ZAM Reporter

Venice Biennal 20.04 – 24.11.24 | Who’s who from Africa?

Themes like belonging and migration turn many of the African pavilions at the upcoming 60th edition of this international arts arena into a moving experience.


Ethiopia Pavilion at La Biennale di Venezia 2024

Contemporary artist Tesfaye Urgessa will be the first Ethiopian artist representing his country’s official participation. Award-winning author and broadcaster Lemn Sissay OBE FRSL has been appointed as the curator for this historical moment.

Urgessa (1983, Addis Ababa) studied art and design in Ethiopia’s capital as well as Stuttgart, Germany. His exhibition Prejudice and Belonging in the Ethiopian Pavilion mainly represents his experiences of the thirteen years spent in Germany, “People tend to think I am painting victims in my canvases but it’s completely different. The figures hold all kinds of emotions, fragility as well as confidence. It is the figure presented without any judgement. It is saying this is who I am, this is what I am,” Tesfaye Urgessa told Art Africa.

The works in the exhibtion are centred around Urgessa’s personal experience of migration. They became “a powerful means of expressing the complexities inherent in displacement and cultural identity.” In 2022, Urgessa returned to his hometown Addis Ababa where he continues to work.

Tesfaye Urgessa. Image Courtesy of Tesfaye Urgessa and Saatchi Yates. Photography by Kameron Coope.

On his participation in the 60th edition of the Venice Biennal, Urgessa says: “I believe that this is the start of a new era for Ethiopian art, and I am excited to be part of it.”

The exhibition’s curator Lemn Sissay is as excited as the artist. “It is a great day for Ethiopia and Venice that this is the first Ethiopia Pavilion at La Biennale di Venezia 2024. Art is deeply rooted in Ethiopian culture from the coffee ceremony to the ancient Christian iconography. Contemporary Ethiopian art is rising in prominence and stature throughout the world. It is evident in music, in literature, in photography and in art. Tesfaye Urgessa is the artist on the crest of this wave. Come to Palazzo Bollani, take a closer look and enrich your world”, Sissay told Art Africa.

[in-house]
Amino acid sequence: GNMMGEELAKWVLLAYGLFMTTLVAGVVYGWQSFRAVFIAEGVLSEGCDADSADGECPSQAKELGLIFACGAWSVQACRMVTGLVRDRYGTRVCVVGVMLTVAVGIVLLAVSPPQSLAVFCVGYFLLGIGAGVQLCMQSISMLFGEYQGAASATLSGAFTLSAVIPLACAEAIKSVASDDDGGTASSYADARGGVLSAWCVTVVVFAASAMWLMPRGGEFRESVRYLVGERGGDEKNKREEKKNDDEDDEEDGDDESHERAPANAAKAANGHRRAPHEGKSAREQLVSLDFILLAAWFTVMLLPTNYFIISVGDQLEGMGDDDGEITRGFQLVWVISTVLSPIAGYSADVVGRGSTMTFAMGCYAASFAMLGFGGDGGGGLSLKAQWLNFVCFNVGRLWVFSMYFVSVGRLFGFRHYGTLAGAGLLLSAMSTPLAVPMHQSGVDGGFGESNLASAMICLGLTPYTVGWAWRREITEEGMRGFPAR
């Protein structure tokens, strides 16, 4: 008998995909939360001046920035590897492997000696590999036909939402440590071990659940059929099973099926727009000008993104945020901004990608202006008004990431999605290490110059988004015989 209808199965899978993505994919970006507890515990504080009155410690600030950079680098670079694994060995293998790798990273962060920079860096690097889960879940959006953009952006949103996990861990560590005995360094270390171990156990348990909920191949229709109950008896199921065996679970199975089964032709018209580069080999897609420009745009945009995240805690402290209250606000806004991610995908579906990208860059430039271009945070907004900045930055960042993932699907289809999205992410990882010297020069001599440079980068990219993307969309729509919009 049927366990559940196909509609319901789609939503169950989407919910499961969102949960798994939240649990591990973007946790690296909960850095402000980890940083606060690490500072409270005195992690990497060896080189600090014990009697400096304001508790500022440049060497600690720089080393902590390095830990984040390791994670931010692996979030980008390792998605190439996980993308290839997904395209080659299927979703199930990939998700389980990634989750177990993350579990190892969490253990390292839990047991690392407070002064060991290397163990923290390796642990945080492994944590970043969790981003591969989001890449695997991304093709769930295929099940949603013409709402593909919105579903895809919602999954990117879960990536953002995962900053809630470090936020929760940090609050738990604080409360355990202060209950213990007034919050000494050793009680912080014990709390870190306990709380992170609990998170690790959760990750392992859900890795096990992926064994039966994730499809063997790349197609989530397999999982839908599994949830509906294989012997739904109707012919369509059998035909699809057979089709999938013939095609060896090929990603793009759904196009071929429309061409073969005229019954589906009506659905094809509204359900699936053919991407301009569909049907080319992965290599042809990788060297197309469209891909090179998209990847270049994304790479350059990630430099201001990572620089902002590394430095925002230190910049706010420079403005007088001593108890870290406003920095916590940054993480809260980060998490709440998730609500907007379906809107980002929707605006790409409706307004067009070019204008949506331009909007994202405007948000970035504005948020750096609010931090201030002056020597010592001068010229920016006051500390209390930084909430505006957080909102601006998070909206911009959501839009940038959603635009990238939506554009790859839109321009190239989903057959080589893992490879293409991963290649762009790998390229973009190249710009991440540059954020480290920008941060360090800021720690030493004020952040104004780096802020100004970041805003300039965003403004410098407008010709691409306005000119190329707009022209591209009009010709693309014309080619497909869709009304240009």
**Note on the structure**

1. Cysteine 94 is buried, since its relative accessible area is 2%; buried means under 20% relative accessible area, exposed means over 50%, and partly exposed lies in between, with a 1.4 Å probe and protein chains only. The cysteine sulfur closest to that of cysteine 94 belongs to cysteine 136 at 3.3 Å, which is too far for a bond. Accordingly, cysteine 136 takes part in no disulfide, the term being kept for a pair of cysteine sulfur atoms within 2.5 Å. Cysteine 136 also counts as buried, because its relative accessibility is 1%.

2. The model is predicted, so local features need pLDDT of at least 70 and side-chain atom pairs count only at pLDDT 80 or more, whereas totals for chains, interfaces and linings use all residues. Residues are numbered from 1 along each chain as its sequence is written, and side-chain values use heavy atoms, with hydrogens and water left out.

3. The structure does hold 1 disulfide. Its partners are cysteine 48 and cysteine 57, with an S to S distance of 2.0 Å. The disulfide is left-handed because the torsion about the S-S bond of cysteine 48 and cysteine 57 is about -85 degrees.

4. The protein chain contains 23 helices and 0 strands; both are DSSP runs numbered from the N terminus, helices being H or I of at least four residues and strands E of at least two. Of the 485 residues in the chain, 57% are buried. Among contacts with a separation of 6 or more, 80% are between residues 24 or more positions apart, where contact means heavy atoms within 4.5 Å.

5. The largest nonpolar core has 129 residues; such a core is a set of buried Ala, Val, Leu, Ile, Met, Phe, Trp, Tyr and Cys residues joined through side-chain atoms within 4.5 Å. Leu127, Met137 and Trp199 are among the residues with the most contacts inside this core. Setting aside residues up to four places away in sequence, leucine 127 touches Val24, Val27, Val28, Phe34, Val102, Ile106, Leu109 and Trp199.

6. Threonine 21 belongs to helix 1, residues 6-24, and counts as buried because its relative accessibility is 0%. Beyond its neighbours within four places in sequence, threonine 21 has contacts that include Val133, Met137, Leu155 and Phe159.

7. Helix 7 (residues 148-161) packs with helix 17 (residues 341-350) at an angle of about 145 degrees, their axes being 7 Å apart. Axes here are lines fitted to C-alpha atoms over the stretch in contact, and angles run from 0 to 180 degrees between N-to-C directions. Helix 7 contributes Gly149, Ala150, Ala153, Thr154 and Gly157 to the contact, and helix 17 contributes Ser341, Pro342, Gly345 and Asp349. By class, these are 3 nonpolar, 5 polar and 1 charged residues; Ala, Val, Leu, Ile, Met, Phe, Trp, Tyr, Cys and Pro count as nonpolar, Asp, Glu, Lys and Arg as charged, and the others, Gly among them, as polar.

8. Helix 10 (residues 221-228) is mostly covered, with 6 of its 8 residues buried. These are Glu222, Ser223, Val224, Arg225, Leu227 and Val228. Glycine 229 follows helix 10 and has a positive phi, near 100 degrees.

Hako Hankson, Days of celebration. Acrylic and Indian Ink on canvas, 200 x 200cm. Courtesy of the artist & Primo Marella Gallery

After its debut in 2022, Cameroon returns to the 60th Venice Biennale with “Nemo propheta in patria.” The curators invited 5 Cameroonian artists and 8 international artists from Italy, Germany, the Netherlands, France, Colombia, and China. 

The local artists include Guy Wouete, Jean Michel Dissake, Hako Hankson, Kendji & Ollo Arts and Patrick-Joël Tatcheda Yonkeu while the international lineup features Angelo Accardi, Julia Bornefeld, Cesare Catania, Adélaïde Laurent-Bellue, Franco Mazzucchelli, Rex and Edna Volcan, Giorgio Tentolini, and Liu Youju. 

Interestingly, Cameroon is the first to realise a Carbon Net Zero exhibition, acting in two complementary directions: policies for reducing emissions and reusing materials will be implemented, and all aspects related to the exhibition will be measured using GHG standards to calculate the CO2 emissions emitted and offset them by planting certified trees to create a new forest in Cameroon.

The exhibition project led by commissioner Serge Achille Ndouma and curators Paul Emmanuel Loga Mahop and Sandro Orlandi Stagl has a Latin saying – “Nemo propheta in patria” (No one is a prophet in their land) – at its motto. This emphasizes the circumstance that rarely does a person enjoy prestige and recognition in the place where they were born and where everyone knows them. On the contrary, it is more likely to happen elsewhere, among strangers. In this context, ArtAfrica writes, a prophet is simply a person misunderstood by their contemporaries and compatriots because of their dissonant nature. A prophet stands out for an ability to see beyond, to see what others do not see, to anticipate the times, and to think differently from the masses. This is why prophets are are often misunderstood, especially in their community of origin, where there is a greater expectation of conformity to the “norms” of the group.

So many historical cases in which enlightened individuals have had to change countries due to opposition to their ideas or beliefs or have only been recognised after death! Art has always been at the forefront of overcoming discrimination and spreading ideas in every social and geographical context.